The Financial Lessons Of Divorce #3. Priorities

ID-10093950 piggy bank.DanI have previously covered the topic of human needs. Needs tend to be hierarchical in nature with lower needs required before higher needs. It tends to follow in the order of – survivalstabilityconnections esteem – experiences – giving back. If basic needs are not met one can become stressed or have a hollow feeling of something missing. You have to fill lower needs first, become strong at your core, then move upwards to building your esteem. With strength within, you can then start giving back to others. Aiming too high before strength has developed, can make everything collapse due to a weak base.


The same concepts can be applied to our financial situation. To provide for our needs,  financial costs are required. The same hierarchy exists – survival – stability – connections – esteem – experiences – giving back.


Herein can lie the issue after divorce. Before, both my emotional and financial lower needs were fully met. My lifestyle and expenses moved up; up to worthwhile activities for my esteem (hobbies, projects), savouring experiences (travel, entertainment, eating out), and giving back (philanthropy, community projects, and family). When my whole world crumbled, and with it my strong base, as I kept trying to feed higher needs I was used to, my lower needs crumbled further. I had to prioritize my needs in the situation as it stands today. That means thinking of myself, meeting basic needs first, growing a secure savings net next, planning activities (and expenses) that will provide me with connections or improve my self-esteem, then moving upwards to life experiences and helping others.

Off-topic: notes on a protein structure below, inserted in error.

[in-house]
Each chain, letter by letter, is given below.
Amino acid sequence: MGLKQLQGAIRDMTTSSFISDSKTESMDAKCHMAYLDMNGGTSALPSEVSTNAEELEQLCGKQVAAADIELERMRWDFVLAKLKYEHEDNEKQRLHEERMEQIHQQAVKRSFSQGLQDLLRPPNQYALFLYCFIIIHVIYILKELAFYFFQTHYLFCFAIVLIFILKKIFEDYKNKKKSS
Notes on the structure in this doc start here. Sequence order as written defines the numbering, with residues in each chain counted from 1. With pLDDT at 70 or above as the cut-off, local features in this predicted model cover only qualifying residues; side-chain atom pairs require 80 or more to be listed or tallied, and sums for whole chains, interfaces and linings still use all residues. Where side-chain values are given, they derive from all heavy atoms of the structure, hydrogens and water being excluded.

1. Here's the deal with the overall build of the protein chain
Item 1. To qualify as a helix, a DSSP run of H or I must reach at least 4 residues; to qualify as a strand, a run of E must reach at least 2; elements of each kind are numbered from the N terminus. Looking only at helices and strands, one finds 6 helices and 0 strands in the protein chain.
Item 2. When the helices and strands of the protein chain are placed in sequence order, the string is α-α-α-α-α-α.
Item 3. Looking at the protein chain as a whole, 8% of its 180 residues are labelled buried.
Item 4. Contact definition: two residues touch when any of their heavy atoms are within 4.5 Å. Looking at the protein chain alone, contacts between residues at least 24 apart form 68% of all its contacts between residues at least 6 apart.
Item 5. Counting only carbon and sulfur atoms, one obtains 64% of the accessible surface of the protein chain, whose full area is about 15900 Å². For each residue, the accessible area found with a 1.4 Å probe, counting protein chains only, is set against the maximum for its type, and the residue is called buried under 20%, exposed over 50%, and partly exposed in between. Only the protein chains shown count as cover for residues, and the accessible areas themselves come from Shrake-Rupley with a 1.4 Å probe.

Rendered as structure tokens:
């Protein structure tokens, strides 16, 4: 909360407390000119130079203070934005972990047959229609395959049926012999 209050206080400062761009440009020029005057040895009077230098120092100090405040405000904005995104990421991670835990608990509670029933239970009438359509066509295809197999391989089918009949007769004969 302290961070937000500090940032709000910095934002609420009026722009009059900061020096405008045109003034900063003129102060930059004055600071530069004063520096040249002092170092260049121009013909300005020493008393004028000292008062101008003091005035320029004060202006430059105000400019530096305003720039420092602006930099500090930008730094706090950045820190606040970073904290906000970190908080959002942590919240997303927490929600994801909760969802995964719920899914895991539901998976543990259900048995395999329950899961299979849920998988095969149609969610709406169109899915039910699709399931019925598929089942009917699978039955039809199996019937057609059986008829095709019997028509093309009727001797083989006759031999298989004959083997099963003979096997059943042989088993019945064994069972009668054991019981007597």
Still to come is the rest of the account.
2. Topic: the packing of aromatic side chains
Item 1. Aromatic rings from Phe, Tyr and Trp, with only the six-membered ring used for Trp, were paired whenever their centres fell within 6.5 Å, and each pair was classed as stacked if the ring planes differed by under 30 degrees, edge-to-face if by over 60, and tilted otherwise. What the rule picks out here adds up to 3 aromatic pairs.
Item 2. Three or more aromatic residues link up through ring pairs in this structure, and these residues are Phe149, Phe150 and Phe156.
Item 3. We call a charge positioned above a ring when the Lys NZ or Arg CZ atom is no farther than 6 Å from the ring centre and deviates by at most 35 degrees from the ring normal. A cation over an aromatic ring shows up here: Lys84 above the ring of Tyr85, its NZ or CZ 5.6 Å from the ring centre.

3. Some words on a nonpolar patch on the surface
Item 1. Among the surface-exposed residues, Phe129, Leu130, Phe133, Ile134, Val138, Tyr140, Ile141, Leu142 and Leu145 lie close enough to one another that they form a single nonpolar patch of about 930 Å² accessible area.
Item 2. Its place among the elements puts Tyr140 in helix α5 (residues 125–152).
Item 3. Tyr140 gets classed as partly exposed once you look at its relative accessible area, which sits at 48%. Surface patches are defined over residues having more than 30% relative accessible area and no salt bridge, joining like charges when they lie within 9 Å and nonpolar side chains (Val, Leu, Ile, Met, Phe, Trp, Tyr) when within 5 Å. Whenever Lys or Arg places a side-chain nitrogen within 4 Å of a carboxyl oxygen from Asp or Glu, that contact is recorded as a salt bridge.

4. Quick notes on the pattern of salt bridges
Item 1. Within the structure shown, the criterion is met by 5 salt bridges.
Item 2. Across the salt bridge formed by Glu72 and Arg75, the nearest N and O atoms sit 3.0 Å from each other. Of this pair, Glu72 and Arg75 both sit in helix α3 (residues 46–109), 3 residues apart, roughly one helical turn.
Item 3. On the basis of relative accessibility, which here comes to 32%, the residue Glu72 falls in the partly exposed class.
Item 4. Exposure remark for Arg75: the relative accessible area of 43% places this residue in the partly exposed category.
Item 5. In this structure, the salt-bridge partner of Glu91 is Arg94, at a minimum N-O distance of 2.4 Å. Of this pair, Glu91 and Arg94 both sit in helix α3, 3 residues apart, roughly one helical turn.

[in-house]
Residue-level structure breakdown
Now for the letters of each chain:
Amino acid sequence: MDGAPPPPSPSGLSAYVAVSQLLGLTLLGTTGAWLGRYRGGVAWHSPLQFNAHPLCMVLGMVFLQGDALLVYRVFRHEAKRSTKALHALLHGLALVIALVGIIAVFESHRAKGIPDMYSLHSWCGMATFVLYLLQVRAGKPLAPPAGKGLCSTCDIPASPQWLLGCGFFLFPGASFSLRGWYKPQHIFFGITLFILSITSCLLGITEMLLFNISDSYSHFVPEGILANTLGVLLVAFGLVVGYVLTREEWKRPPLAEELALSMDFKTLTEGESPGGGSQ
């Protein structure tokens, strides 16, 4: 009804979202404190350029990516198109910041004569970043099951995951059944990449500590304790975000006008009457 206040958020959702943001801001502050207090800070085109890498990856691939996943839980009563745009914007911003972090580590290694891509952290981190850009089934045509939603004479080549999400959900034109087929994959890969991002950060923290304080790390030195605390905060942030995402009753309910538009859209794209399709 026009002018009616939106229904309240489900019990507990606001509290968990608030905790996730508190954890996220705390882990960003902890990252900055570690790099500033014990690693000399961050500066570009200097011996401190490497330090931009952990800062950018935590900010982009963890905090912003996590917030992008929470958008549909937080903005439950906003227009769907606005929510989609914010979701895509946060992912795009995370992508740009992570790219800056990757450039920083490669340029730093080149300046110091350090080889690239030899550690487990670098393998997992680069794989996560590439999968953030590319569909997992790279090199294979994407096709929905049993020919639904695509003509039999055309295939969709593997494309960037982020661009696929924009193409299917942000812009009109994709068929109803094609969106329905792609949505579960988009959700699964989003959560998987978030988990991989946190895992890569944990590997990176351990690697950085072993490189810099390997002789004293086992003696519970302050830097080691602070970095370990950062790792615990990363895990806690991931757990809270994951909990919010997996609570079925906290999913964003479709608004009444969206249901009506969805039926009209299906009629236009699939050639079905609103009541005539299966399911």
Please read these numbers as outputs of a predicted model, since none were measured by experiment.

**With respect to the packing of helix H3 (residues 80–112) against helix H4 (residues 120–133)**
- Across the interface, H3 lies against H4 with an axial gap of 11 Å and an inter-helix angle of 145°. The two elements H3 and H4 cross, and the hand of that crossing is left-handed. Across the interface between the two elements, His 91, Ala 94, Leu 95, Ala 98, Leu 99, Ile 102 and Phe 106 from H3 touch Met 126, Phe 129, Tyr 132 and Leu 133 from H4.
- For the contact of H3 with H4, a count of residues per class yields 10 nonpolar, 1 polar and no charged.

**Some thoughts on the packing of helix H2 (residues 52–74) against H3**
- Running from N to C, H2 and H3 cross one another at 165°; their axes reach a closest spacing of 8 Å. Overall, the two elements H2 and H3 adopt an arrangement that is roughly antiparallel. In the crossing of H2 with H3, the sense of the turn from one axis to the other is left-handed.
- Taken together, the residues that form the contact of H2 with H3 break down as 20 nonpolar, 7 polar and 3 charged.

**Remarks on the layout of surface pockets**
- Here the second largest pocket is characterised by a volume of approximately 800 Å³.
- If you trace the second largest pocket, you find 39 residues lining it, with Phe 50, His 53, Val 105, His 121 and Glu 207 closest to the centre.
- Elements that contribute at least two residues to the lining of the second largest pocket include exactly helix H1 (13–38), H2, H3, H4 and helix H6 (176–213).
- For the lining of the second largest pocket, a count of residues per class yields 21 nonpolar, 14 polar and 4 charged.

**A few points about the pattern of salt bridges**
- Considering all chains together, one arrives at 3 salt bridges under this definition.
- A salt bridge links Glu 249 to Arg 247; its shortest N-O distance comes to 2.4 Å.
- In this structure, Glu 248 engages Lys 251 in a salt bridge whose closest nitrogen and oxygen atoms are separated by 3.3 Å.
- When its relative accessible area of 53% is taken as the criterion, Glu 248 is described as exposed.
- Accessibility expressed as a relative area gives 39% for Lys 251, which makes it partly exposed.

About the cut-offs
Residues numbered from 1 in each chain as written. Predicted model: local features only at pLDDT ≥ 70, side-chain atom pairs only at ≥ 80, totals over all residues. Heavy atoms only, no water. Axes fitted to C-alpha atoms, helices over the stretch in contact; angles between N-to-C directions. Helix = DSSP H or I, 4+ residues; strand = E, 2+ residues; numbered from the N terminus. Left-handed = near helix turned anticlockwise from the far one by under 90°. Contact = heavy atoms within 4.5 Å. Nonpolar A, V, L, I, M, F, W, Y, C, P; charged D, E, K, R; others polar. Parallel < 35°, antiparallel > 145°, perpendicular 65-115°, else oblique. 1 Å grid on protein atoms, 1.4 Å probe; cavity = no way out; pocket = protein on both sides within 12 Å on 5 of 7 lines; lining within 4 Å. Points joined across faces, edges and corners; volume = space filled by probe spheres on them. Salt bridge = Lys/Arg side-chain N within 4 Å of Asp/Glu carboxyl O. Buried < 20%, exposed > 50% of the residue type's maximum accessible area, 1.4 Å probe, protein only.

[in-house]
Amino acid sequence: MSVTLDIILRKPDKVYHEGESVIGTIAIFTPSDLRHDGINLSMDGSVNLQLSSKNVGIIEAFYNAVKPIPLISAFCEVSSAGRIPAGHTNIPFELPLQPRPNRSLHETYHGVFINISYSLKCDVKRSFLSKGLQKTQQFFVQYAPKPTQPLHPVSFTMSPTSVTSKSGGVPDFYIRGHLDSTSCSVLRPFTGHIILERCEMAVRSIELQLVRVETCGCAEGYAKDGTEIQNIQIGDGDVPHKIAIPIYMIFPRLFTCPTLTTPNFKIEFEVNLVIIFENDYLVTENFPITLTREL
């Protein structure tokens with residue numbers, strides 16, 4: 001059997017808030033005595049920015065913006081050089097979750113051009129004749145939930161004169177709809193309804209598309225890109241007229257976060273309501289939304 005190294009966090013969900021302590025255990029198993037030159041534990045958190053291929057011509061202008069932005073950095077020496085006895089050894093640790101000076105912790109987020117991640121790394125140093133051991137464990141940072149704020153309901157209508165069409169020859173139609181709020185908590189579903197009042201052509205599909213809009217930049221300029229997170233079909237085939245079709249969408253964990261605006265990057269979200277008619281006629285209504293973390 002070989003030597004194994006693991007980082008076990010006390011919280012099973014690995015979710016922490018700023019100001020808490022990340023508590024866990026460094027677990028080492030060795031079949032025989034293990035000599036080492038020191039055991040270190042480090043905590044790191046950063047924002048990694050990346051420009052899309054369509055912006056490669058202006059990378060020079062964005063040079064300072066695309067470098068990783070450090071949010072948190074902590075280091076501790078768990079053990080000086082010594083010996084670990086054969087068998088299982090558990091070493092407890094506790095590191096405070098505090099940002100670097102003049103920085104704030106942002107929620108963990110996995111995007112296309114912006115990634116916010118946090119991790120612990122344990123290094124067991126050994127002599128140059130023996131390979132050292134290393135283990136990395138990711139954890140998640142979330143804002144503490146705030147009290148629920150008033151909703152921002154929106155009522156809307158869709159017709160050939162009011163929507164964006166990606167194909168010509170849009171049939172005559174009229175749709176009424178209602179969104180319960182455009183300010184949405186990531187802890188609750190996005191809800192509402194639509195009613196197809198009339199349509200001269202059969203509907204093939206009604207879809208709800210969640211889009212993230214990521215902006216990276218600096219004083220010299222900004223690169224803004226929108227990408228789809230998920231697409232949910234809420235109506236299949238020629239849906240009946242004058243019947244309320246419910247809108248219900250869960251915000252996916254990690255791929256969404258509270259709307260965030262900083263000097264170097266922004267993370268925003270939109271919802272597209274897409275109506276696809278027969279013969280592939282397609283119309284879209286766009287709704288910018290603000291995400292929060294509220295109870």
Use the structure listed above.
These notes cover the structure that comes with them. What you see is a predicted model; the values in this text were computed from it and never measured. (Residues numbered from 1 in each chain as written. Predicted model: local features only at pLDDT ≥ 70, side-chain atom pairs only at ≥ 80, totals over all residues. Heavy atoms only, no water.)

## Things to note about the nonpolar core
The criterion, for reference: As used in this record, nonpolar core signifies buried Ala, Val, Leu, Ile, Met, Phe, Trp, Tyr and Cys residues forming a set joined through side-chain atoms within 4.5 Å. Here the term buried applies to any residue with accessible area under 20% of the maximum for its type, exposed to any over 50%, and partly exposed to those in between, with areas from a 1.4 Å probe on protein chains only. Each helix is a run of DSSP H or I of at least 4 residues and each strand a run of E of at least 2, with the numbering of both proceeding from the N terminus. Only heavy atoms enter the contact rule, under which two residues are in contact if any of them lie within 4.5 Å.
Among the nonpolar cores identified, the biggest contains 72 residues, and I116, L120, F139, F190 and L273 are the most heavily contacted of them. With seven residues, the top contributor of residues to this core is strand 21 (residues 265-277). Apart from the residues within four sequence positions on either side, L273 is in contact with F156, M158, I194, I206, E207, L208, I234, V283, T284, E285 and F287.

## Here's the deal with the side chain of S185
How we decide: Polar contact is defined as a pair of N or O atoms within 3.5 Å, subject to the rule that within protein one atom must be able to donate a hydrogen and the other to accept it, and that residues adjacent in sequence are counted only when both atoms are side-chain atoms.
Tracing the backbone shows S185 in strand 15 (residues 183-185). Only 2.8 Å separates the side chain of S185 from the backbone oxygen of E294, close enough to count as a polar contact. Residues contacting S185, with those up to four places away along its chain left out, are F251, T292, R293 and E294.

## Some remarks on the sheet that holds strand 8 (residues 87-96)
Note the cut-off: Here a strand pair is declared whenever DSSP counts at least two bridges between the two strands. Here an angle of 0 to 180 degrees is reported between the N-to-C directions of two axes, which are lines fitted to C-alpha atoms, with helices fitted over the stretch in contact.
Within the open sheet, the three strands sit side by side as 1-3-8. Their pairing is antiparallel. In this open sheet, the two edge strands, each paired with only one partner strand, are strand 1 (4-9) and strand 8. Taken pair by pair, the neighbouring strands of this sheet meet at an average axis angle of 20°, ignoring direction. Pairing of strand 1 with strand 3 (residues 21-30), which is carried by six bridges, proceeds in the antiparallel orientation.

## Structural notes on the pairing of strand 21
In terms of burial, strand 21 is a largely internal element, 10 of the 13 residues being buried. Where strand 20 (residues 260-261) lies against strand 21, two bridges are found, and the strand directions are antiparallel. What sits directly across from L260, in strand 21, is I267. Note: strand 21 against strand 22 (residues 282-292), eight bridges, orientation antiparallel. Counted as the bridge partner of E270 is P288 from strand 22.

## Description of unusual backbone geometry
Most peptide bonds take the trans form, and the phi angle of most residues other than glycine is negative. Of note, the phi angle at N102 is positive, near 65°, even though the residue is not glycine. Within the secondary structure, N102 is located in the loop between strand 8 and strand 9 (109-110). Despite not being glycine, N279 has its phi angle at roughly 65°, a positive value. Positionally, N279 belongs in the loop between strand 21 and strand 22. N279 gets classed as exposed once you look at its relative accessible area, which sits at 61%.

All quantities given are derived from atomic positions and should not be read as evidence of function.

These are my financial priorities:

1. Survival

  • My Home and utilities.
  • Essential living costs. Food, healthcare, basic clothes.
  • Minimum loan repayments on debt


  • Communication. Phone, internet.
  • Safe, reliable car. Petrol, maintenance.
  • Transport, travel and accommodation costs in visiting my family.

3. Stability

  • Disaster prevention – insurance
  • Paying debt off
  • Save for emergency fund

4. Discretionary

  • Time. Labour saving appliances, cleaner, tradesmen.
  • Goals and projects. Education, sport, music, crafts, hobbies, books, computers
  • Experiences. Travel, eating-out, entertainment, holidays, festivals, social events.
  • Beautiful things. More clothes, furniture, cars, boats, cameras, musical instruments, jewellery, ornaments, paintings, ‘stuff’
  • Philanthropy. Helping others, community projects, volunteering, gifting.
  • Accumulation of savings, investments.

The Lessons From Divorce

  • A basic lifestyle # 1 provides only for essentials, a modest lifestyle adds in a level of security from lists #2,3. A comfortable lifestyles allows some choices from #4.
  • I initially classed the first 3 lists ‘essential’ until I realised some people cannot afford them.
  • What I previously regarded as comfortable was in fact luxury. After separation, I dramatically cut down our couple luxuries of excessive experiences (it being my husband who tended to need this buzz) and too much ‘stuff’.

My Comfortable Lifestyle

A. My New Basic Budget

  1. I include all items on Lists #1
  2. Even though not essential, I include all items on lists #2 & 3 as they are essential for me, especially communicating with and visiting my family.

B. My Choices From Discretionary List 4.

  1. Maintain essential insurance, eliminate non-essential.